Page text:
The trick to losing weight and keeping it off is not by dieting. Yes, you heard right fad diets, juice cleanses, or cutting out all carbohydrates may help you shed your undesired pounds for the time being, but to truly get the body you desire, the key is not through dieting.
Weight loss should not be about an allowed or avoid list. "Weight loss is about reconnecting with food and establishing a healthy relationship with your body. The ultimate goal is not to feel like you're being punished, and that's why you have to lose weight. The ultimate goal is to look and feel your best."
"Don't be a cardio queen, or you'll risk becoming skinny-fat,". "The best way to boost your metabolism is to build muscle by lifting weights or doing resistance exercises. Weight lifting increases your metabolism for days, not just for an hour like cardio does." That’s because muscle burns more calories just by existing in your body.
People tend to eat more when they're distracted by other tasks, like reading, checking their phones, or watching TV. University of Illinois researchers have found that even noise coming from another room can make a person eat more cookies at dinner than they would have otherwise. To make sure you're eating only what you meant to eat, and only what your hunger is asking for, sit down for a mindful meal in a quiet place, and pay attention to savor it.
"Have a bowl of vegetable soup before your lunch and dinner, and you'll eat about 250 fewer calories,". "The water and vegetables fill your stomach, so you end up eating less without going hungry."
Using them instead of a fork or spoon causes you to eat more slowly and consume less food. (Assuming you’re not a pro at it already.) "It takes time to figure out how to put food on chopsticks—that can help you eat more mindfully,". Aim for eating with chopsticks two to three meals per week, at home or at your desk, to see benefits.
"Rituals take the thinking out of weight loss,". "Have the same breakfast for seven to 10 days. You can plan your meal." (That's a morning time-saver, too.) Get a jump on your days by prepping the ingredients for a yummy omelet with spinach and low-fat cheese, plus fresh fruit on the side.
"Having foods rich in soluble fiber, such as oats, barley, beans and lentils, can help you stay full longer, so you end up eating fewer calories,". Fiber-rich foods help your body use those calories more efficiently, too. "They provide slow-release energy, so you avoid the dreaded blood sugar/insulin peak that leads to fat storage,".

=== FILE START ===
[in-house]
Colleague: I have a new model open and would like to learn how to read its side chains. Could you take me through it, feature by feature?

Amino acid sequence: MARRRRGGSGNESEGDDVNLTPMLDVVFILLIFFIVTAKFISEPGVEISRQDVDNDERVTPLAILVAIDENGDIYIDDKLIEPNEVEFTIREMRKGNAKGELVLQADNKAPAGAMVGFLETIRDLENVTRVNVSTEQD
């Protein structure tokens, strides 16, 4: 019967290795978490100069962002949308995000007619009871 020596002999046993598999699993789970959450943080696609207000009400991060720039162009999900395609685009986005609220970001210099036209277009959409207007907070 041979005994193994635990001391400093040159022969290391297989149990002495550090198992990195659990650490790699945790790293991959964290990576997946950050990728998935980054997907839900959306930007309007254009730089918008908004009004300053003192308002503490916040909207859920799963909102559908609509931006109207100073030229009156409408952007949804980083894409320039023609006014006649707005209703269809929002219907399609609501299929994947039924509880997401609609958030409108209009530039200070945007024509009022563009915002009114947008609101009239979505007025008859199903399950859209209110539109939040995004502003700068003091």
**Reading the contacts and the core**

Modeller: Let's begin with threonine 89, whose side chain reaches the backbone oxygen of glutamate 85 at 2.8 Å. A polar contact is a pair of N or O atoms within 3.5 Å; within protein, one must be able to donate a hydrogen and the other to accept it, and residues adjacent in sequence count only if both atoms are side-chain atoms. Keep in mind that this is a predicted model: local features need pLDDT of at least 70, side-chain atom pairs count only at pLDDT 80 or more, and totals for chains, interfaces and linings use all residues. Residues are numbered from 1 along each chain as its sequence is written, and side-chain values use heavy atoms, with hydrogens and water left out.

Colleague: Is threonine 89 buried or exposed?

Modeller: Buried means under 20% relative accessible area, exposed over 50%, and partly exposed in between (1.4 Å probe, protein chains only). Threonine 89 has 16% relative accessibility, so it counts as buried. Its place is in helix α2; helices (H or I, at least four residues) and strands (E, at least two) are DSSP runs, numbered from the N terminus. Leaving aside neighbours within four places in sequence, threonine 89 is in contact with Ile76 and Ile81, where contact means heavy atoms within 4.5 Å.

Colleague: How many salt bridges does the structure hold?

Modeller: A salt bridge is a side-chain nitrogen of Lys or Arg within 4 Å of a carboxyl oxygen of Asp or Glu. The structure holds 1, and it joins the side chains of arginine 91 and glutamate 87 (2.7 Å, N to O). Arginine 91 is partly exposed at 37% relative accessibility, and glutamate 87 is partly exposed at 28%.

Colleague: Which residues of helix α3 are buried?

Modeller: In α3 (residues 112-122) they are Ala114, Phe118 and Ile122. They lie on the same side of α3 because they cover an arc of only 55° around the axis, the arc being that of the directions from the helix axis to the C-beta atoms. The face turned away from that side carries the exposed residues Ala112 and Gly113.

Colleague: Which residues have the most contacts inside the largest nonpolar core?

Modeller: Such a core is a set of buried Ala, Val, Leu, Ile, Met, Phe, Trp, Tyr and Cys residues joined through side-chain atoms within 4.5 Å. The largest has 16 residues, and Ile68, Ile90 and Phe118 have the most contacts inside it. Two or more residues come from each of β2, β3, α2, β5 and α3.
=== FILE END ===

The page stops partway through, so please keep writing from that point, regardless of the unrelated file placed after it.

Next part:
When you eat the rainbow (not the Skittles way) you get a more comprehensive range of vitamins and other nutrients. Maximizing your nutrition can also make your meals more beautiful and satisfying. A Cornell University study showed that adults find a plate filled with three foods of three bright colors the most appealing (kids crave even more colors and variety). Put together a healthy veggie plate of, say, sunny yellow peppers, zingy green broccoli, and rich, red tomato, and dig in.
Metcalf recommends walking two hours a day or more if you are trying to lose weight: "I'm serious!" Getting in all of those steps isn't as daunting as you think, though. Walking 10 minutes before and after each meal; that adds up to 60 minutes, and then schedule another hour on the treadmill or around your neighborhood or local trail. You can quickly rack up even more benefits by taking the stairs and strolling to and from work.
There's evidence that omega-3 acids found in some kinds of fish can help you burn fat faster by stabilizing your blood sugar and insulin levels. One omega-3-packed fish you may not have tried is trout. It's yummy and raised sustainably in the U.S., so give it a whirl twice a week.
A Johns Hopkins study found that people who cooked dinner at home six to seven times a week were automatically more mindful about the ingredients they used, consuming less fat and sugar, and fewer calories overall, than those who ate frequent restaurant meals.
Artificial sweeteners may make your body expect sugar, but then don't satisfy the expectation on a molecular level, leaving you craving something sweet even after you've finished your low-cal treat. And studies show a broad association between using sugar substitutes and weight gain. If you do have to indulge in something sweet, might as well just got for a little bit of the real stuff—or have some fresh fruit to sate your sweet tooth with a dose of fiber and vitamins.
Keep a log of your progress along your weight-loss journey. Update it each week—and read it over each morning and night. Allow yourself to feel proud! As Metcalf sums it up: "Focus on the positive. There's nothing like reflecting on your success, and letting how you're getting there really sink in!"